February 15, 2011 at 6:11 pm |
    • Q

      cm – Historical fiction references actual historical places and events, but the plot is still fiction.

      February 15, 2011 at 6:15 pm |
    • cm

      Q, the writers of antiquity didn't waste their time on fiction.

      February 15, 2011 at 6:34 pm |
    • Q

      A man living in a great fish for 3 days is fiction. A talking snake is fiction. Eight humans and two of each "kind" (including dinosaurs) boarding a boat to then eventual disembark, crossing untold distances across land and sea, to repopulate the earth is fiction. Etc, etc...

      February 15, 2011 at 7:11 pm |
  11. Heinz M

    The problem I see is when anyone insists that there has to be meaning, and reason for out existence. When establishing such a basis for further reasoning, the whole discussion about it becomes contaminated. Just because we have nature with great powers at its disposal, to automatically assume the existence of a mind to go with it is just ridiculous.
    Science attempts to find the powers that are and accepts those only when they can be substantiated.
    Religion goes on belief and faith and doesn't even pretend to have a foundation under that (which would be useless as it doesn't exist). Its followers then try to make a virtue out of that non existence and the fact that a large percentage of humanity follows that pied piper. Which of course proves nothing other than human's gullibility. And that's nothing to be proud of.
    All based on what people were reconditioned to by their ignorant parents.
    And that trend goes back to the Sumerians 8,000 years ago. Each new generation accepted that balderdash through Egypt's RA, the Greeks gods an Olympus, and the Romans gods as adopted from the Greeks with just a small change in names.
    It's been crap then, and it still is just that! Just the stories have been changed a little.
    To even try to make a connection of all that to what science is supposed to be, is just reminiscing of some new Indian attempts to tie their religion to and justify it via quantum mechanics.
    Reminds me much of the Nigerian inheritance scams. Just in a (slightly) different direction. All of it pure nonsense.

    February 15, 2011 at 5:17 pm |
    • B(iraq) Hussein Osama

      God gave humanity science for humans to understand God.
      Atheists think they invented science and use it to blind themselves from God.

      February 15, 2011 at 6:48 pm |
    • Peace2All

      @B(iraq) Hussein Osama

      Hmmmm.... interesting.

      A lot of assumptions in there, however, -B.H.O.

      But, again... sounds good.


      February 15, 2011 at 8:20 pm |
  12. TheRationale

    Deepak is a windbag notorious for making dumb comments, just fyi to anyone who hasn't heard of him before.

    A scientific atti-tude is diametrically opposed to a religious one because religion is founded upon believing regardless of the facts whereas action is founded on beliefs founded upon facts.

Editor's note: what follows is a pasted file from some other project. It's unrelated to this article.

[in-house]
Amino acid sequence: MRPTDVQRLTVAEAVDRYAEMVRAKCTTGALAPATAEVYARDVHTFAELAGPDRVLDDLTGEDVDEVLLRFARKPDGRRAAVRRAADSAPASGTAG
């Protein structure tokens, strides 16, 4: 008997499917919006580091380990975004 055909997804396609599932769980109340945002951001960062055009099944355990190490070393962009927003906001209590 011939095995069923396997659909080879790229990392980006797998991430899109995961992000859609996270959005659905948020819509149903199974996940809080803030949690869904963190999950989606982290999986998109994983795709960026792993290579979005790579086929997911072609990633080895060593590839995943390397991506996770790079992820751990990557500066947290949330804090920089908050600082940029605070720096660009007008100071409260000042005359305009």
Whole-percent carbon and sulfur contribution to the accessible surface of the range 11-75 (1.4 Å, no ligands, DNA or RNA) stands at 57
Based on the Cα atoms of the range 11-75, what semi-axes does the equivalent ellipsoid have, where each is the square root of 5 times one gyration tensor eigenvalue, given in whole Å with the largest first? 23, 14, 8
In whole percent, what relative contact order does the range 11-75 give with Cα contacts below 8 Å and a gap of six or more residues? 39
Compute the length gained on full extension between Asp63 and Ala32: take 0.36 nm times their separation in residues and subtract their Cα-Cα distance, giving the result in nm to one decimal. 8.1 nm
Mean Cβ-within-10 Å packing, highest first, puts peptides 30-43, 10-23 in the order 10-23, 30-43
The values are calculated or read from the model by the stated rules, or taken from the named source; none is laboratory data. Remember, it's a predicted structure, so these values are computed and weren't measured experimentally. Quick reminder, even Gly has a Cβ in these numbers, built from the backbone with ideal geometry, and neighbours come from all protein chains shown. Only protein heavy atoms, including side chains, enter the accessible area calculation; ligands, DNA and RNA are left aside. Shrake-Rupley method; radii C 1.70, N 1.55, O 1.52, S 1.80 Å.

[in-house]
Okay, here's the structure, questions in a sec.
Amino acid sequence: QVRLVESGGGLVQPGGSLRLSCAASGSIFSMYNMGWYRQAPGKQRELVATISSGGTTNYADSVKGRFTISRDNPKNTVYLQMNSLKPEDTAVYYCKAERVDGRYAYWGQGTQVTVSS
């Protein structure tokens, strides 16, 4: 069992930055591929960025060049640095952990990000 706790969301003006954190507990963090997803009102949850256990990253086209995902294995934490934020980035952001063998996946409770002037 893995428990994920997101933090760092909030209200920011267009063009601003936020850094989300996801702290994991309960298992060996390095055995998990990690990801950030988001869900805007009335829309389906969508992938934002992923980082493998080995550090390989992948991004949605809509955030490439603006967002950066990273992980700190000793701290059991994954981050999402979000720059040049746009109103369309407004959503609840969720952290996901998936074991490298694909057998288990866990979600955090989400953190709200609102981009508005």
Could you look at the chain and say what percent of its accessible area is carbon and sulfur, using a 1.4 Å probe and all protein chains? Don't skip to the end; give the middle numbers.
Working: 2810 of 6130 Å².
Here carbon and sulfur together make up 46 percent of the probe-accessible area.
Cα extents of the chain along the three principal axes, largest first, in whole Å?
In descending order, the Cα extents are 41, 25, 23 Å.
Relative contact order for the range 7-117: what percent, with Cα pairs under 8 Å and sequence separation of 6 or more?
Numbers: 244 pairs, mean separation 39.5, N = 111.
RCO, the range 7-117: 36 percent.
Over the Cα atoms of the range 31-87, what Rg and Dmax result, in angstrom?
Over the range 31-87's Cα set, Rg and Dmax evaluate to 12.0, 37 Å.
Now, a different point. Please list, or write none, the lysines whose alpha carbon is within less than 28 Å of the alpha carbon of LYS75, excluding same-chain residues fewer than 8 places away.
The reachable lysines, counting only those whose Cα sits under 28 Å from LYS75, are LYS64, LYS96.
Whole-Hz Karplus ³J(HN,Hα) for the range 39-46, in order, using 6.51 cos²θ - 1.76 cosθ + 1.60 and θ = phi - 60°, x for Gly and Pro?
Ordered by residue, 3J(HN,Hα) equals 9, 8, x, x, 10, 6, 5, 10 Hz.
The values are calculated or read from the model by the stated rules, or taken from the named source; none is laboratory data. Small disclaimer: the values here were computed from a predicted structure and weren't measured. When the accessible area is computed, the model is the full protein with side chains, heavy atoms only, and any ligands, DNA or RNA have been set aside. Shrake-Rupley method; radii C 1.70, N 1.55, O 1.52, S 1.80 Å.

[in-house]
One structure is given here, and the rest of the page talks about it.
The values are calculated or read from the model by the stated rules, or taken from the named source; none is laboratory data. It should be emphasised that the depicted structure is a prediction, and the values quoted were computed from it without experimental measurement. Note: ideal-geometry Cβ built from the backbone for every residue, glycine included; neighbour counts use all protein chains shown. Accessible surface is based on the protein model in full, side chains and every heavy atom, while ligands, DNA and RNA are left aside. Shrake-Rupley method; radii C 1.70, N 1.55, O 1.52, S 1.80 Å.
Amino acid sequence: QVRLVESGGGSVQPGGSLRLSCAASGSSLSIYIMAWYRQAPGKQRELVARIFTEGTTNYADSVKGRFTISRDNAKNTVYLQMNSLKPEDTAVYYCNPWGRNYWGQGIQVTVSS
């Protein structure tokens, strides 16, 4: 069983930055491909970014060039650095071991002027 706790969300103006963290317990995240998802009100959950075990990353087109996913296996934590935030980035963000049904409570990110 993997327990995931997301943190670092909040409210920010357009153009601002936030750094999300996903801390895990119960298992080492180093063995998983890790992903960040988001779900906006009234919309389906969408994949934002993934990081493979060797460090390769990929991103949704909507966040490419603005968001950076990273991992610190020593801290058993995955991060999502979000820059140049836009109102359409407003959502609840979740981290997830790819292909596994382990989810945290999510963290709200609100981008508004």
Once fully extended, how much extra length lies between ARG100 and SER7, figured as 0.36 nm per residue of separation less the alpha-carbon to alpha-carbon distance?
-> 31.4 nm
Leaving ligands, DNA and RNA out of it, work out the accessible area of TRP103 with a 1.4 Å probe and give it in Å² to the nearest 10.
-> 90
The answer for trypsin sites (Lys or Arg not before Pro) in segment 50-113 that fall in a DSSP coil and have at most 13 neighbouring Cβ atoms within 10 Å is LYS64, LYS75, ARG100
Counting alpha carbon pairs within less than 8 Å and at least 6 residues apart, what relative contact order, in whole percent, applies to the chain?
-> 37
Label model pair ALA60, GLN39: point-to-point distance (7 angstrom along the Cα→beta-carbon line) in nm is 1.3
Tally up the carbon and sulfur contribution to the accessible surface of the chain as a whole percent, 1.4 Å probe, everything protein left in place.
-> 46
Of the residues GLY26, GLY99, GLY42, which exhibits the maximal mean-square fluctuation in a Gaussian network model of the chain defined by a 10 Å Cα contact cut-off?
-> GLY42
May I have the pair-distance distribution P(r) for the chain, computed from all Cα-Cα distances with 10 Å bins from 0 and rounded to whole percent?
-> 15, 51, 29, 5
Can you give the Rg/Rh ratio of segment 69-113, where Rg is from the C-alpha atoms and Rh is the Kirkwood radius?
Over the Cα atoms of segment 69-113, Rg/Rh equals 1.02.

He says it himself that there's no evidence for God. Well then why the heck believe in one? Don't give me this red herring nonsense- it's actually a very relevant herring. There's no evidence for any of the thousands of other gods either! If we can essentially assure ourselves that we're worshiping nonexistent deities/enti-ties/spirits, what's the point?!? Are we going to be "spiritual" without any spirits?

    And what is with the unwarranted God of the Gaps statement of morondom this guy insists on using? Science can't explain everything. Hellooooo, that's the point of science – to figure out what we can't explain. If we happen to be discovering things about the fabric of our universe that are conflicting with current ideas, we have a looming scientific revolution, not a collapse of science! Where have you been since the Renaissance? If we just say "Oh well looks like we have some mystical juju at work here" puts us right back in Genesis. The fact is that right now, we don't know. The only way we'll know is with science. Spiritual "truth" is a bigger oxymoron than Microsoft Works.

    Noisy atheists? Name calling now? We saw you coming a mile away. You basically can't come up with some intelligent thing to say (no surprise) so you resort to ad hominem tactics.

    Don't waste your time with this "spiritual" nut.

    February 15, 2011 at 5:15 pm |
    • Layne

      Nut? Name calling now? We saw you coming a mile away. You basically can't come up with some intelligent thing to say (no surprise) so you resort to ad hominem tactics.

      February 15, 2011 at 5:39 pm |
  13. God is real


    February 15, 2011 at 5:12 pm |
    • AmazingSteve

      You're silly, and not helping anything.

      February 16, 2011 at 12:18 pm |
  14. LEB

    I'm one of those "noisy atheists" who thinks that this article is ridiculous. It IS true that what we consider modern science grew out of religion. However, when science began to discover certain realities that were contrary to the church's teachings (ie, the world is not flat or at the center of the universe), science and religion began to break free of each other. As more and more facts about our world were discovered (ie, the world is more than 6000 years old, humans were not the first species, there was no world-wide flood), science and religion have grown further and further apart.

    Today, the greatest enemy of science is religion. Roughly half of Americans believe in creationism despite overwhelming evidence of the biological processes we know as evolution. Americans are more religious than most other industrialized countries, and it's holding us back, both as a nation and a culture.

    February 15, 2011 at 5:11 pm |
    • Layne

      Does that mean atheism made the former Soviet Union the success it is today?

      February 15, 2011 at 5:38 pm |
    • BR